Facebook will use photo-matching technologies to curb revenge porn on its site, the social media platform announced Wednesday.

Facebook announced new ways to prevent revenge porn from being shared on the platform, Messenger and Instagram.

How Facebook Will Curb Revenge Porn

It all starts when a user sees an explicit image shared without their permission. He or she can report the image using the dropdown menu on next to the post. After the image has been reported, specially trained representatives from Facebook’s Community Operations team will review the post and remove it, if it violates the platform’s policies. For most cases, Facebook will disable the account for sharing revenge porn without authorization, the company said.

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The social media platform will start using photo-matching technologies to halt attempts to share intimate content on Facebook, Messenger and Instagram. If a person tries to share the content after it has been reported and removed, Facebook will alert the user that it violates the platform’s policies and that it has stopped their attempt to share the image.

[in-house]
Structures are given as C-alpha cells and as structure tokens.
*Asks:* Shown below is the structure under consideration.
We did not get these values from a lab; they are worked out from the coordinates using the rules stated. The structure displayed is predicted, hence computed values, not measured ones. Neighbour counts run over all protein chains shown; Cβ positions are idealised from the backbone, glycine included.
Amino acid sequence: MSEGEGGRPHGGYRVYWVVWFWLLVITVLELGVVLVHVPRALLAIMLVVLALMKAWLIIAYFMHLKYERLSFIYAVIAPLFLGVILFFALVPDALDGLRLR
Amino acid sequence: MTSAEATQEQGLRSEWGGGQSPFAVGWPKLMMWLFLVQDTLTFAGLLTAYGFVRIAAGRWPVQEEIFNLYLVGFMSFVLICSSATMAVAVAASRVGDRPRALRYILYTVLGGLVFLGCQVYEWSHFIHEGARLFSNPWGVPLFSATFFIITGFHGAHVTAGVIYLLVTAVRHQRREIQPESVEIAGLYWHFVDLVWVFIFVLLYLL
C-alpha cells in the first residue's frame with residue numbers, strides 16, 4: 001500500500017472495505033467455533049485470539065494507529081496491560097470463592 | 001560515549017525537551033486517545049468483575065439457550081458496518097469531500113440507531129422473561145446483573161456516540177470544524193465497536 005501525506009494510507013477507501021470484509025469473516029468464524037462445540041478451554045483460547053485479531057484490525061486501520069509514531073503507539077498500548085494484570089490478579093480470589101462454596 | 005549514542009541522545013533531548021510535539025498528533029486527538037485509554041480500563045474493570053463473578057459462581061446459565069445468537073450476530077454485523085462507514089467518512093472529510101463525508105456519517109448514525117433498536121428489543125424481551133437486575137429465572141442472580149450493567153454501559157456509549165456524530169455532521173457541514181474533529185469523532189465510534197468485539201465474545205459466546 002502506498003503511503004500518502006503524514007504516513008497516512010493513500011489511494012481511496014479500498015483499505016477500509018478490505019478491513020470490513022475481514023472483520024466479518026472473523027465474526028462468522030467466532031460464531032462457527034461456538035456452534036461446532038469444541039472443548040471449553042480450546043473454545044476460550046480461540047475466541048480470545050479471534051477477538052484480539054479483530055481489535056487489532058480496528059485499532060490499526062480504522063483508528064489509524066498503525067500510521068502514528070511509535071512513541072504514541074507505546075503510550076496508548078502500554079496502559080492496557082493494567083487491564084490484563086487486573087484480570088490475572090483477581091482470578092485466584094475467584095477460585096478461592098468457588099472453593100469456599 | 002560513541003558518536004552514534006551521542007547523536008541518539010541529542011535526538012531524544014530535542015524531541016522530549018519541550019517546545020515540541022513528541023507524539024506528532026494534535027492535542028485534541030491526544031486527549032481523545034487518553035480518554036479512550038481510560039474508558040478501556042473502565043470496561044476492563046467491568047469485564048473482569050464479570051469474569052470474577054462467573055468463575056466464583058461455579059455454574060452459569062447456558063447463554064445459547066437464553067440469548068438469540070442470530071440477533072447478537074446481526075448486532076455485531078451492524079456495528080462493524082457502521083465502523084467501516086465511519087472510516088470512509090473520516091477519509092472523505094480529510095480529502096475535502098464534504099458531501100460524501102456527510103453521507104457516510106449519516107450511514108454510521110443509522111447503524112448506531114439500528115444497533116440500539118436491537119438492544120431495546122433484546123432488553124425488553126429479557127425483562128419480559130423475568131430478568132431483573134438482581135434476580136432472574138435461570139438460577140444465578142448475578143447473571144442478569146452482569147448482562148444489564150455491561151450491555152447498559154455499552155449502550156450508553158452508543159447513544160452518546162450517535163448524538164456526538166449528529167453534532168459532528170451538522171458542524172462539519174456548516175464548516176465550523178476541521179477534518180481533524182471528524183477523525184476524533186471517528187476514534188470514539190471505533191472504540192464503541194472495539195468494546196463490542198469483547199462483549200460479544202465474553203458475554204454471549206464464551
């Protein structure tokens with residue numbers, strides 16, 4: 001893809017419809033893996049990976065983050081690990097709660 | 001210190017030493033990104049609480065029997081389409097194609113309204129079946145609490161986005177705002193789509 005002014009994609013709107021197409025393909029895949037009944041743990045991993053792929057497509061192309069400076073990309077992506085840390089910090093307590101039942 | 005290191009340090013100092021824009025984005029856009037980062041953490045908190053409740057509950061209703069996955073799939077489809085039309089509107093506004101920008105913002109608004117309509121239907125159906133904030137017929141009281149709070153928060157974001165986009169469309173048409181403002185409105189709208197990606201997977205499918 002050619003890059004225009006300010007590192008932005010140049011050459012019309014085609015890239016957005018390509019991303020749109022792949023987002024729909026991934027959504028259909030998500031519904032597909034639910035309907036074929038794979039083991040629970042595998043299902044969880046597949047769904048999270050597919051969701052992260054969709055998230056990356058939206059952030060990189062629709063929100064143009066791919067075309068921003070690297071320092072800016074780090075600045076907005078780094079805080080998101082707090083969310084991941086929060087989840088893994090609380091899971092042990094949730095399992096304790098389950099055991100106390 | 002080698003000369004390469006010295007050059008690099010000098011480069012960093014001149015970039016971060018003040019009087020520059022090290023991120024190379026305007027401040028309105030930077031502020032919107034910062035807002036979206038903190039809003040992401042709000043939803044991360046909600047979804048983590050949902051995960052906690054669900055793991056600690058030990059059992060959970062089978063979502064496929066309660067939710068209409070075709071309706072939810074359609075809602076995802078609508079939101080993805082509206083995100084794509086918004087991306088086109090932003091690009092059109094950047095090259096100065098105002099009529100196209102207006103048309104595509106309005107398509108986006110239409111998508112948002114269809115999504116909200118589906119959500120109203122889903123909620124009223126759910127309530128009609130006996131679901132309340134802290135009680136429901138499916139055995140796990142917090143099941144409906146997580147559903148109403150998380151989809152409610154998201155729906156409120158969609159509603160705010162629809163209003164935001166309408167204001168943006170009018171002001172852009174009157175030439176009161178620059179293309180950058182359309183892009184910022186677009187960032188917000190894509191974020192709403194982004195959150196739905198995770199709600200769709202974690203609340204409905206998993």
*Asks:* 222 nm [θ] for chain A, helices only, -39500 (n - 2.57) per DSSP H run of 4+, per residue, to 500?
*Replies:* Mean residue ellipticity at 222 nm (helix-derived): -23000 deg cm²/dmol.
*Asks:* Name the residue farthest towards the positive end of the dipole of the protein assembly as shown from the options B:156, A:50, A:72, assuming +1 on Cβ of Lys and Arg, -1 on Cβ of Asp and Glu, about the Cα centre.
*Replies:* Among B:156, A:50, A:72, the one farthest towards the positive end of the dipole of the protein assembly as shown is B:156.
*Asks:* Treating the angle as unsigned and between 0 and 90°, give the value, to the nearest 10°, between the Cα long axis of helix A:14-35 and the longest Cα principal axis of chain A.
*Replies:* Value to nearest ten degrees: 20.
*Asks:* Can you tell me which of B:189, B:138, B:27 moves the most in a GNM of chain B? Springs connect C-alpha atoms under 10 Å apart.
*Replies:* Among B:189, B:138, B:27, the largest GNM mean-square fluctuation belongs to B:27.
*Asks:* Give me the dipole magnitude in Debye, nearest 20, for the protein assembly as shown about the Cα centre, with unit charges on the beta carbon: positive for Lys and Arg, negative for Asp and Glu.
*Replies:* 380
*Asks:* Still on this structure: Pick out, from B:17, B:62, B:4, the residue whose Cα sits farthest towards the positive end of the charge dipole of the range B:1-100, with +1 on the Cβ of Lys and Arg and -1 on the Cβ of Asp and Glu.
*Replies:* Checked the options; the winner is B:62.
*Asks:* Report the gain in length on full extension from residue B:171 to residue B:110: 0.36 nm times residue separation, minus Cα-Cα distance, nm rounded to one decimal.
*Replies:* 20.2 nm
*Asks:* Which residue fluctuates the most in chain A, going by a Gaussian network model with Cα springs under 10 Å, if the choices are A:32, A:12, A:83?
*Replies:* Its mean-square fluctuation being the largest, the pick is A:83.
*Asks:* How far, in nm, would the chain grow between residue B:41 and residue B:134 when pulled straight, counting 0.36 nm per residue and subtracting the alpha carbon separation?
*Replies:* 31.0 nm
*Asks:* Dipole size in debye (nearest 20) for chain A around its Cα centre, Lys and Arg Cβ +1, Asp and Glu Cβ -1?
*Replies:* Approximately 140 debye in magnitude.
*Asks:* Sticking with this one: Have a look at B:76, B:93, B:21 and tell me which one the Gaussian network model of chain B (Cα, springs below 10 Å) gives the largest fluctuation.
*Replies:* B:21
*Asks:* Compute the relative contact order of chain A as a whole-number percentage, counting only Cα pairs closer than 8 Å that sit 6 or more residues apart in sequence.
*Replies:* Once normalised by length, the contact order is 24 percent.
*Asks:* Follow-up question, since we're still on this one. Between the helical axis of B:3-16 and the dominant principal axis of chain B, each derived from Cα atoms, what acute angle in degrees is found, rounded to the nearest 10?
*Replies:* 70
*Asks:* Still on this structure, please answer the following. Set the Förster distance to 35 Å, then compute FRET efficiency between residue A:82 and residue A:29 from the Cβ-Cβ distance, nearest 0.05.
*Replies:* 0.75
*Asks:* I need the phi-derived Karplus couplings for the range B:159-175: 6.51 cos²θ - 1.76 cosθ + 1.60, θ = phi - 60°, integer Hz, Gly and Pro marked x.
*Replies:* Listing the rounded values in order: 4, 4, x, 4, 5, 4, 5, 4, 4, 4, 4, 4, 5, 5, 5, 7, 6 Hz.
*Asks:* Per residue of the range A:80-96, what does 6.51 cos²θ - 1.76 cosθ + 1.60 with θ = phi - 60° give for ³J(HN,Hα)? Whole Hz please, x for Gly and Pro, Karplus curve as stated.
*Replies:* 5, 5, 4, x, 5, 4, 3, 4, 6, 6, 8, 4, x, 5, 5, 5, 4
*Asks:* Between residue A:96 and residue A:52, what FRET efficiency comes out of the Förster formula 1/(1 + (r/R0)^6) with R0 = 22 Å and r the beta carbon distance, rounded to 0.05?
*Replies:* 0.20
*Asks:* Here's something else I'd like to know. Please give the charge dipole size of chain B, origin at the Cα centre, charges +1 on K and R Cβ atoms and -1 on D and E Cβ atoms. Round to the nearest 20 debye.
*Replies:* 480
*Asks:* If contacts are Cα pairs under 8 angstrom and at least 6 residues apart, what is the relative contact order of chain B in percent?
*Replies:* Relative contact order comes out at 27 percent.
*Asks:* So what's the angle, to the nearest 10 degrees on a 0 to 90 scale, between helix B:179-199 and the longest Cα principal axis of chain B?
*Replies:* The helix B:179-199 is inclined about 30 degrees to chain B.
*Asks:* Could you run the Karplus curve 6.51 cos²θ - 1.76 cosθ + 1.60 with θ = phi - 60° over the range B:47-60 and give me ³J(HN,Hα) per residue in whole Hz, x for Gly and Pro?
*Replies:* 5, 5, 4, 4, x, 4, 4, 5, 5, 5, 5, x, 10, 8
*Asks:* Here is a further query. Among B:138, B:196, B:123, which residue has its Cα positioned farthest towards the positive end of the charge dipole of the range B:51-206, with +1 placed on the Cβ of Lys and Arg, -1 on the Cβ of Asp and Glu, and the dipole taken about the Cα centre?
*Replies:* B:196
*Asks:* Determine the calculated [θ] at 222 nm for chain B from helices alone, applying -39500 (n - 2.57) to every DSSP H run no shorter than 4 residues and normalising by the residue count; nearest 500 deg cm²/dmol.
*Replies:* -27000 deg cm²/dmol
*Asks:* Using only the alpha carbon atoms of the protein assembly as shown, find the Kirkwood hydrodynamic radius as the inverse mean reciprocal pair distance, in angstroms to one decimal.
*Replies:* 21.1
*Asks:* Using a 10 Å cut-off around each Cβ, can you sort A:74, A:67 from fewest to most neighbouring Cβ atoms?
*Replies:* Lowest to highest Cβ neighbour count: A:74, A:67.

If a user believes content was taken down by mistake, he or she can go through an appeal process.

Facebook also teamed up with safety organizations to offer resources and support to those affected by revenge porn.

For its tools against revenge porn, Facebook worked with the Cyber Civil Rights Initiative and other companies. The company also sought advice from the National Network to End Domestic Violence, Center for Social Research and the Revenge Porn Helpline, based in the United Kingdom. Facebook also got feedback from over 150 international safety organizations and experts.

“These tools, developed in partnership with safety experts, are one example of the potential technology has to help keep people safe,” Facebook said. “We look forward to building on these tools and working with other companies to explore how they could be used across the industry.”

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Facebook’s announcement comes after a major incident last month in which a group of Marines shared pictures and videos of females Marines without authorization in the Facebook group Marines United.

Apart from the Marine nude photo-sharing scandal, a 2013 study by the Cyber Civil Rights Initiative found 93 percent of U.S. victims of revenge porn report significant emotional distress, while 82 percent of victims report significant impairment in social, occupational or other important areas of their life. The study, which involved 1,606 individuals, found 23 percent of the respondents were victims of non-consensual photo-sharing.